The Kennedy family hasn't been unanimously admired — in this country or elsewhere — over the years.
But today, there is no reason for anyone, regardless of political leanings, not to feel sympathetic to the Kennedys for the loss of Eunice Kennedy Shriver, the 88–year–old sister of Sen. Edward Kennedy.
She was also, of course, the sister of President Kennedy and Sen. Robert F. Kennedy, both victims of assassins' bullets in the turbulent 1960s. Her daughter, Maria, is the wife of California Gov. Arnold Schwarzenegger. And she was the wife — for 56 years — of Sargent Shriver, the first director of the Peace Corps and the 1972 running mate of George McGovern.
But her life was about more than the prominent men with whom she shared it.
She was the founder of Special Olympics, an organization that was close to her heart. Her younger sister, Rosemary, was mentally retarded and was widely believed to be an inspiration to Mrs. Shriver, "and some view her work on behalf of the developmentally challenged ... as the most lasting of the Kennedy family's contributions," wrote Carla Baranauckas for the New York Times.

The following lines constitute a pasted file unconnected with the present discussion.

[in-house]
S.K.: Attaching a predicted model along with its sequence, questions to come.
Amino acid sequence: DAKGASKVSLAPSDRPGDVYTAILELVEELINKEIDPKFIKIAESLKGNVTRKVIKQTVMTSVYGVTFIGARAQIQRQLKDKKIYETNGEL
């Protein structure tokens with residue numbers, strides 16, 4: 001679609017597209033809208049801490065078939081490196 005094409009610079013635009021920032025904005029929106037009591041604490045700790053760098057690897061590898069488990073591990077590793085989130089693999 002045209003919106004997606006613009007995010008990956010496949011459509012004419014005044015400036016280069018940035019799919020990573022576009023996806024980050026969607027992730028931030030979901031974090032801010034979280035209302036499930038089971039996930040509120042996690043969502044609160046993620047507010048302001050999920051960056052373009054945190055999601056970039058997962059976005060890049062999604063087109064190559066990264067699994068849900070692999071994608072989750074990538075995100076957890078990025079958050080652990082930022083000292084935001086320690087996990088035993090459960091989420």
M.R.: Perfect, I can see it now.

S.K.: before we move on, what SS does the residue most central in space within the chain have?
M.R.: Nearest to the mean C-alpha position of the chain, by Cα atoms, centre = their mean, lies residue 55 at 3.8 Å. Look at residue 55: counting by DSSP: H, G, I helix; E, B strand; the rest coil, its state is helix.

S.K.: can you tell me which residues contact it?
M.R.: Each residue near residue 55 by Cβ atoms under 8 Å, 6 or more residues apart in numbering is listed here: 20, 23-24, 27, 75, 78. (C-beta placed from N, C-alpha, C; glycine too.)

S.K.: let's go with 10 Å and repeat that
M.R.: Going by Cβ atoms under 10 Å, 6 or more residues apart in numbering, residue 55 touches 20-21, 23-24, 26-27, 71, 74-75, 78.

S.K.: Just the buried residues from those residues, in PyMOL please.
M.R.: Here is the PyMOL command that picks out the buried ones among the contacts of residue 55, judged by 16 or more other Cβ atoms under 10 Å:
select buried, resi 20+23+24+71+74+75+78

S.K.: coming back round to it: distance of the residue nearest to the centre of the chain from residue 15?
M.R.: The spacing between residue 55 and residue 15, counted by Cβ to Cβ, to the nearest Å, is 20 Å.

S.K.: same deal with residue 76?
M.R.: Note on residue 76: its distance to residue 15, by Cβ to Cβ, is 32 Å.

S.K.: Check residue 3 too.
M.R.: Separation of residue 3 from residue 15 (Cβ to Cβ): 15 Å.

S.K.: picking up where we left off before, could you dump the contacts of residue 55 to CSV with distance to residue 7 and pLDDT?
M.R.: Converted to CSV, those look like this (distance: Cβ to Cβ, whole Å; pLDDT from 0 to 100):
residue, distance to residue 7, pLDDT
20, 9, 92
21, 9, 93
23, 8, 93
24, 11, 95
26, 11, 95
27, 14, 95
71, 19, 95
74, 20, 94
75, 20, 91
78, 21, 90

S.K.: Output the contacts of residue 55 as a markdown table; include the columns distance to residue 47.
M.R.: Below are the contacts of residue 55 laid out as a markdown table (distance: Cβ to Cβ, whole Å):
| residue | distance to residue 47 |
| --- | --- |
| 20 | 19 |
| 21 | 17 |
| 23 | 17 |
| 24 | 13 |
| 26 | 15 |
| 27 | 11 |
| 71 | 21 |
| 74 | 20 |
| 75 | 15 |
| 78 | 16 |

She was a tireless champion of the handicapped, and she summed things up beautifully in 1987 when she addressed the Special Olympics World Games in South Bend, Ind.
"You are the stars, and the world is watching you. By your presence, you send a message to every village, every city, every nation. A message of hope. A message of victory. The right to play on any playing field? You have earned it. The right to study in any school? You have earned it. The right to hold a job? You have earned it. The right to be anyone's neighbor? You have earned it."
She sought to change the world, and she succeeded.